[Marxism] Fwd: Birobidzhan | Louis Proyect: The Unrepentant Marxist

Louis Proyect lnp3 at panix.com
Tue Nov 8 16:00:03 MST 2016


Thirteen years ago I had the good fortune to review a documentary titled 
“L’Chayim, Comrade Stalin” by Klezmer musician Yale Strom that served as 
an introduction to the Jewish Autonomous Region of the USSR that Stalin 
declared in 1934. My review began:

When he was a young boy, Yale Strom noticed two “sidukah” (charity) 
boxes in his father’s shop. One was the omnipresent blue Jewish National 
Fund box intended for Israel that my own father kept in his fruit store. 
The other was targeted for Birobidzhan, the Jewish Autonomous Region 
that Stalin decreed in 1932. His curiosity about the lesser-known Jewish 
homeland became the seed for his documentary “L’Chayim Comrade Stalin,” 
now showing at the Quad Cinema in NYC.

  Based on interviews with current and past residents and archival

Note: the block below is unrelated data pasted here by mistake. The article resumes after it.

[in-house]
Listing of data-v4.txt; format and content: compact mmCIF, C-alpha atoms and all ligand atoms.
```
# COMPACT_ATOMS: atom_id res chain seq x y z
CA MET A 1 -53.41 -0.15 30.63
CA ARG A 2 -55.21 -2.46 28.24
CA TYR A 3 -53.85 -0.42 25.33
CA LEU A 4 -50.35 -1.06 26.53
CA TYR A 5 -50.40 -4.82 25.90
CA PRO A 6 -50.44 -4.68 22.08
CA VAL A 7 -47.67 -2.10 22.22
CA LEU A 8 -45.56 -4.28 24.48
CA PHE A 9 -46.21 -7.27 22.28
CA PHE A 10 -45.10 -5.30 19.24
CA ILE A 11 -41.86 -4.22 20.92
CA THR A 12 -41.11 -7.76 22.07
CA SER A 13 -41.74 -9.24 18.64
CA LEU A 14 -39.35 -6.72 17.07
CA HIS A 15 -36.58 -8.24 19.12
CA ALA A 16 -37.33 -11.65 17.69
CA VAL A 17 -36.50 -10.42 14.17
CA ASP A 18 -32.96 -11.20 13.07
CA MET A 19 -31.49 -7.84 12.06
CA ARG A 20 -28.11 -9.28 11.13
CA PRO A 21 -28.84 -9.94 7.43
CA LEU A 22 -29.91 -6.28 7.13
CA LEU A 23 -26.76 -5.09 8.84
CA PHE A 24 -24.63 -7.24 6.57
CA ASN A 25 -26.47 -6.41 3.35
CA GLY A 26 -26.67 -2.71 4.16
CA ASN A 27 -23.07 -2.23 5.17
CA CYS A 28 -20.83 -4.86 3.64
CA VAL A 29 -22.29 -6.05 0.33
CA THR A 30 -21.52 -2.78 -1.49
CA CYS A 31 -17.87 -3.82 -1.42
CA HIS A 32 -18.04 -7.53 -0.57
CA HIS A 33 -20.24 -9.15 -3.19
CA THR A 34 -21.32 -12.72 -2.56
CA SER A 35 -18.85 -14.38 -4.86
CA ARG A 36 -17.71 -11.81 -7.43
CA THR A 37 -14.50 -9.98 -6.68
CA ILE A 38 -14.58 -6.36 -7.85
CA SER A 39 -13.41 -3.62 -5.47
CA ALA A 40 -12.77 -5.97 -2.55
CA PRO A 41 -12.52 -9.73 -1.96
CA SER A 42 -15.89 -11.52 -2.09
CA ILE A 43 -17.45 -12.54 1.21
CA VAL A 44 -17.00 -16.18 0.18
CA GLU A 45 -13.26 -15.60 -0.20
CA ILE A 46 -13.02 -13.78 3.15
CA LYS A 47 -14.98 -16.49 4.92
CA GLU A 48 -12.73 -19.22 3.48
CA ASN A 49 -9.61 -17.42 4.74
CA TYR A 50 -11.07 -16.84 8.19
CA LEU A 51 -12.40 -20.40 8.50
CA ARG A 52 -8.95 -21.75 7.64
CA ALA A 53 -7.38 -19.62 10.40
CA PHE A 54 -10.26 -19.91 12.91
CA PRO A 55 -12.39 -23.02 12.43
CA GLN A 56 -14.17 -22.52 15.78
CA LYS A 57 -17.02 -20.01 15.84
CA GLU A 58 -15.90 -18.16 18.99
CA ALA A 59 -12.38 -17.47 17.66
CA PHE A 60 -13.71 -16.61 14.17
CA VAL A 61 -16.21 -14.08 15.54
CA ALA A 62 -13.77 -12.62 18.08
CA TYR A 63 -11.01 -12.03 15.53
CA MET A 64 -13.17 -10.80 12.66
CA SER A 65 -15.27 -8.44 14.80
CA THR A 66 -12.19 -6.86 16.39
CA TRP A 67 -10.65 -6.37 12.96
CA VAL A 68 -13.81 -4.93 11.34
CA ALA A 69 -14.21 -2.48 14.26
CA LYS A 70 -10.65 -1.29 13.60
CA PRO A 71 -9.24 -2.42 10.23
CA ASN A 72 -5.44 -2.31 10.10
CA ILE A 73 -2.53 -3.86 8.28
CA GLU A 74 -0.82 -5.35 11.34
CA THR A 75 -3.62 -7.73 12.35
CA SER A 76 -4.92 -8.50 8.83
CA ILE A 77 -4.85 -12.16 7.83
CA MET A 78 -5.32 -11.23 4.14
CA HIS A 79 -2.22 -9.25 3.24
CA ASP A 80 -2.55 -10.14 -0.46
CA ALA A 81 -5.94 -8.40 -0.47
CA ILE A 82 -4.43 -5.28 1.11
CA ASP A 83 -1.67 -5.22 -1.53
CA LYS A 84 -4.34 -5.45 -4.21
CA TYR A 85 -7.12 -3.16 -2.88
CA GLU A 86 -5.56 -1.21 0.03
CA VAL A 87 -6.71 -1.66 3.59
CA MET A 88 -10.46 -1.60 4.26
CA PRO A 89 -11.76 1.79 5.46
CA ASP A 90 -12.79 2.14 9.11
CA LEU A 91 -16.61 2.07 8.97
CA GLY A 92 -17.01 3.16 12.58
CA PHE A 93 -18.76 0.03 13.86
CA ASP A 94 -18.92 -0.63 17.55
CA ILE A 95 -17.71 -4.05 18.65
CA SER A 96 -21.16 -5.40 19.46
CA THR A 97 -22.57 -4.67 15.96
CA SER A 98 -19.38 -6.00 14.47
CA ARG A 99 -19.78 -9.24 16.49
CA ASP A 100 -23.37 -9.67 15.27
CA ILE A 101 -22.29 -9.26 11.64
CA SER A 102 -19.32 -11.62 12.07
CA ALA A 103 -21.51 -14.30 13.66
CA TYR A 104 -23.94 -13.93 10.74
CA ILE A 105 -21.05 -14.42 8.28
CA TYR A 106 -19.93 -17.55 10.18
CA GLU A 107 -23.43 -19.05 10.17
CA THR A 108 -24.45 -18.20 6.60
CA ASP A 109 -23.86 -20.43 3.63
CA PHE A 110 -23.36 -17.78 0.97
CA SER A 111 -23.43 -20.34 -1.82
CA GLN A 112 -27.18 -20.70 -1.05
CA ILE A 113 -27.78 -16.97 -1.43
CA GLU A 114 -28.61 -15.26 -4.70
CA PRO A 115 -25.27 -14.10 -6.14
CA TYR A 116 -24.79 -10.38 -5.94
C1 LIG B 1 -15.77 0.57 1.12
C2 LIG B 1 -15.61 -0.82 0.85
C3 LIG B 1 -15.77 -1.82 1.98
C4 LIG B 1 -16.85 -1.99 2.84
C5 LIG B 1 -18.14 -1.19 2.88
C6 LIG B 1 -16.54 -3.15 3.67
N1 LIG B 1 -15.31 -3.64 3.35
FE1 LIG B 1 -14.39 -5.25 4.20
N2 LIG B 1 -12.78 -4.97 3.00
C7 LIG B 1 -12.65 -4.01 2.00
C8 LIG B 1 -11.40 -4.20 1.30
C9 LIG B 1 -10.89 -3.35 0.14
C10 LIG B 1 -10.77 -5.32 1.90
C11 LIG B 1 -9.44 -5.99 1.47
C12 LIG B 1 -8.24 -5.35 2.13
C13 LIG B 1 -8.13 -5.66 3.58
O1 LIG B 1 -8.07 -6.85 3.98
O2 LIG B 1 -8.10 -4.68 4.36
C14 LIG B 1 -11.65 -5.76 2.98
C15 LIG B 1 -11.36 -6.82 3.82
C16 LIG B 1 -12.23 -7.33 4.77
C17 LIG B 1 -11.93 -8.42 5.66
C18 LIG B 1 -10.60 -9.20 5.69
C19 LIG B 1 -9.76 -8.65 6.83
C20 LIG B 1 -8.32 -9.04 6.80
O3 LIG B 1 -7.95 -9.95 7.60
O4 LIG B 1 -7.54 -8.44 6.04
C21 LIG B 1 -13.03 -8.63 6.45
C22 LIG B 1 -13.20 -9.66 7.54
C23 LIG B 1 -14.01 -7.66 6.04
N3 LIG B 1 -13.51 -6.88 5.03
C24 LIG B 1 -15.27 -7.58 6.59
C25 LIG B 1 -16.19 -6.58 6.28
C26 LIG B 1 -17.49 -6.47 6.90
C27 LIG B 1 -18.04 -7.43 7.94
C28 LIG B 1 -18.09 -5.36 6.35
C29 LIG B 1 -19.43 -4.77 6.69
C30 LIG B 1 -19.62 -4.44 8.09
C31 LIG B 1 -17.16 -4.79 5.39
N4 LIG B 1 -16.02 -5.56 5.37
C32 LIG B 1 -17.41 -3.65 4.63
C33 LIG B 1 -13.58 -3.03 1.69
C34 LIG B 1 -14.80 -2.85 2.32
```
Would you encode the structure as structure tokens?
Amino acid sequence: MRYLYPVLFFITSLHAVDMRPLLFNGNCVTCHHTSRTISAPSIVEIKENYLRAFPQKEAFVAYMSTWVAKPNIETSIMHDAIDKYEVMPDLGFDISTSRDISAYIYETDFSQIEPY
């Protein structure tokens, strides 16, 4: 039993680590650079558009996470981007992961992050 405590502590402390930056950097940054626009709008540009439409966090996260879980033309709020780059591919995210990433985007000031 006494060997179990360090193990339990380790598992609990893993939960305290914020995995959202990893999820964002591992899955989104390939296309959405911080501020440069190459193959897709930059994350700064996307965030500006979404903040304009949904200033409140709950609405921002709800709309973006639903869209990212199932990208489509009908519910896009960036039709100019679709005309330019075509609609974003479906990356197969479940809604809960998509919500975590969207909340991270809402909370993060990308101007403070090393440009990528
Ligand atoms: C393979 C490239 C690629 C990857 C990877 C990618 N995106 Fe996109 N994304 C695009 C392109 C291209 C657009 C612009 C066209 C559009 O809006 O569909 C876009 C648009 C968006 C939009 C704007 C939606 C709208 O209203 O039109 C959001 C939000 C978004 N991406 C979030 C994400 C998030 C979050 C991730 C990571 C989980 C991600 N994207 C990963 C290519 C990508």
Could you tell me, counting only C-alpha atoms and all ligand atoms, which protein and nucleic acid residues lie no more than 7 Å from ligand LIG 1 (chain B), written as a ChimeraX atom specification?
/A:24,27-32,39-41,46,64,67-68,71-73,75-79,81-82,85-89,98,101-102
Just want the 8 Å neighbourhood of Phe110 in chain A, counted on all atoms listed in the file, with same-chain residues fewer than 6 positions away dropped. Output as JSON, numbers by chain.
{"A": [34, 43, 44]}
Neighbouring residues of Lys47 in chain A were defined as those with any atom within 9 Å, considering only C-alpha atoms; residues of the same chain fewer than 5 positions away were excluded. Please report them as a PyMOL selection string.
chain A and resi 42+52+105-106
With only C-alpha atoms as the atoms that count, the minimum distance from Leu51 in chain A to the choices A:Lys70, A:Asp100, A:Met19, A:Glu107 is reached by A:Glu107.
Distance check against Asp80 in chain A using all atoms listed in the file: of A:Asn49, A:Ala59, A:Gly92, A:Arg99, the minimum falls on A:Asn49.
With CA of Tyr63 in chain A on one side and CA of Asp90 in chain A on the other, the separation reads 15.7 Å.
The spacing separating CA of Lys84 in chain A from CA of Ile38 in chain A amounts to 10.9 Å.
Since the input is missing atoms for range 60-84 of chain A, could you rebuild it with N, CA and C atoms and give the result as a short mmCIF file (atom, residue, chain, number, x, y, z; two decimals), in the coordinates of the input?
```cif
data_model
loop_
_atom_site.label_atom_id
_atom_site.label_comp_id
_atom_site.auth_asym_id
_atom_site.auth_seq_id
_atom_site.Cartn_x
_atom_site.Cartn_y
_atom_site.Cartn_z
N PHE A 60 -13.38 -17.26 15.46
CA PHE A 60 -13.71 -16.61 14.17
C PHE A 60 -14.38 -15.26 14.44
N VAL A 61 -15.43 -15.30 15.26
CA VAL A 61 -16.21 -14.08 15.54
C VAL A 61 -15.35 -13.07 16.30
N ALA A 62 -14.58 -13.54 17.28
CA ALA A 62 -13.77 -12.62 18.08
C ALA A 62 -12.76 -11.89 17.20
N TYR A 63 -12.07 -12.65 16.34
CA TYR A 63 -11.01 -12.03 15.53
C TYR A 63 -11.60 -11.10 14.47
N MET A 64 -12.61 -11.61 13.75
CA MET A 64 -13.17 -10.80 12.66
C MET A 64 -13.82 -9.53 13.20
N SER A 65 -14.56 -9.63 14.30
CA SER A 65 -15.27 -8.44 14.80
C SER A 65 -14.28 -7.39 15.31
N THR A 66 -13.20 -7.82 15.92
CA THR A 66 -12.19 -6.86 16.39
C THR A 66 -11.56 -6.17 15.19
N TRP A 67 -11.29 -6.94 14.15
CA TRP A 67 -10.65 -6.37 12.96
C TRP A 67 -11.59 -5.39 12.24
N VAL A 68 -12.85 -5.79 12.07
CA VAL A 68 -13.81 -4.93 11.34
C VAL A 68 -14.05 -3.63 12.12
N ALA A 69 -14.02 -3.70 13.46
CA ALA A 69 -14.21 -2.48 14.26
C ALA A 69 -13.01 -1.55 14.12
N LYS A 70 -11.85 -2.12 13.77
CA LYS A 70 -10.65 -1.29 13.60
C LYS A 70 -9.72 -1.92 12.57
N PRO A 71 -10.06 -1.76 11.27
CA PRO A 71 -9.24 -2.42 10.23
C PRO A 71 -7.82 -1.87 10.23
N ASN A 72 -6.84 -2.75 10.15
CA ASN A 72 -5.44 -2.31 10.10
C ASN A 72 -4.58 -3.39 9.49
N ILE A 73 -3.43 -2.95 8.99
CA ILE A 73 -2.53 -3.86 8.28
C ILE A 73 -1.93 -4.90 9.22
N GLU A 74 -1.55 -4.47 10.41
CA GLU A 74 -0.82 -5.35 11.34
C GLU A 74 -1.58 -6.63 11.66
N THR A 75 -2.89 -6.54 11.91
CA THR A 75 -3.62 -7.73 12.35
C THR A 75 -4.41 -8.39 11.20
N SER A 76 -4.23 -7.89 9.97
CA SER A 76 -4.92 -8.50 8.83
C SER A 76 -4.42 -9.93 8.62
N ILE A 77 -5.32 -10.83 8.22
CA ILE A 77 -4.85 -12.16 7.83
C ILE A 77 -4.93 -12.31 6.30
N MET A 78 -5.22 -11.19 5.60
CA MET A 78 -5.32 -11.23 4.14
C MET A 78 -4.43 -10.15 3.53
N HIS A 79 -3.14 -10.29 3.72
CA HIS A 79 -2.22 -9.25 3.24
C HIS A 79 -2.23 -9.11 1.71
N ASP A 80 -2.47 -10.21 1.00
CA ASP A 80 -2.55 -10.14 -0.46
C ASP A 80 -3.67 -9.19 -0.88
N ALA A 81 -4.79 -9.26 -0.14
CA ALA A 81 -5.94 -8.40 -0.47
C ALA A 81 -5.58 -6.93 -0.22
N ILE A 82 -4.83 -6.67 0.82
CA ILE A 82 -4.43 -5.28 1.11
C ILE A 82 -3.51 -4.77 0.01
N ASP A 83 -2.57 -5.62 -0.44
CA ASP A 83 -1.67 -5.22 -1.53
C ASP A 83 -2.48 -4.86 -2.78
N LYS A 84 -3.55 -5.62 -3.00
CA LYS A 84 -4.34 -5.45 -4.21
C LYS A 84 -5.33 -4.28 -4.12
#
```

material, including a altogether charming Soviet feature film of the 
period promoting settlement, the film not only sheds light on an 
under-documented aspect of Stalinist rule, it also inspires a variety of 
reactions to the “Jewish Question.” (Strom utilizes a graphic of these 
two words writ large in red repeatedly through the film as a kind of 
leitmotif.)

  Most of the older veterans of Birobidzhan make clear that the project 
tapped into youthful idealism. Combining a belief in communism with a 
desire to create a cultural homeland for the Jews, they came to the 
Siberian hinterland with great hopes. Despite the fact that 
anti-Semitism prompted Stalin to create the settlement in a 
geographically remote area, the settlers did not necessarily view this 
as a kind of internal exile. Stephen F. Cohen points out eloquently in 
his biography of Bukharin that Stalin’s despotic “revolution from above” 
did not preclude a kind of egalitarian zeal from bubbling to the 
surface. Despite repression, many people felt that they were on a great 
adventure to build a new society, including the Jews who came to 
Birobidzhan.

Clearly, Birobidzhan continues to grip the imagination of filmmakers, 
artists and scholars based on recent works I have had a chance to examine.


full: https://louisproyect.org/2016/11/08/birobidzhan/



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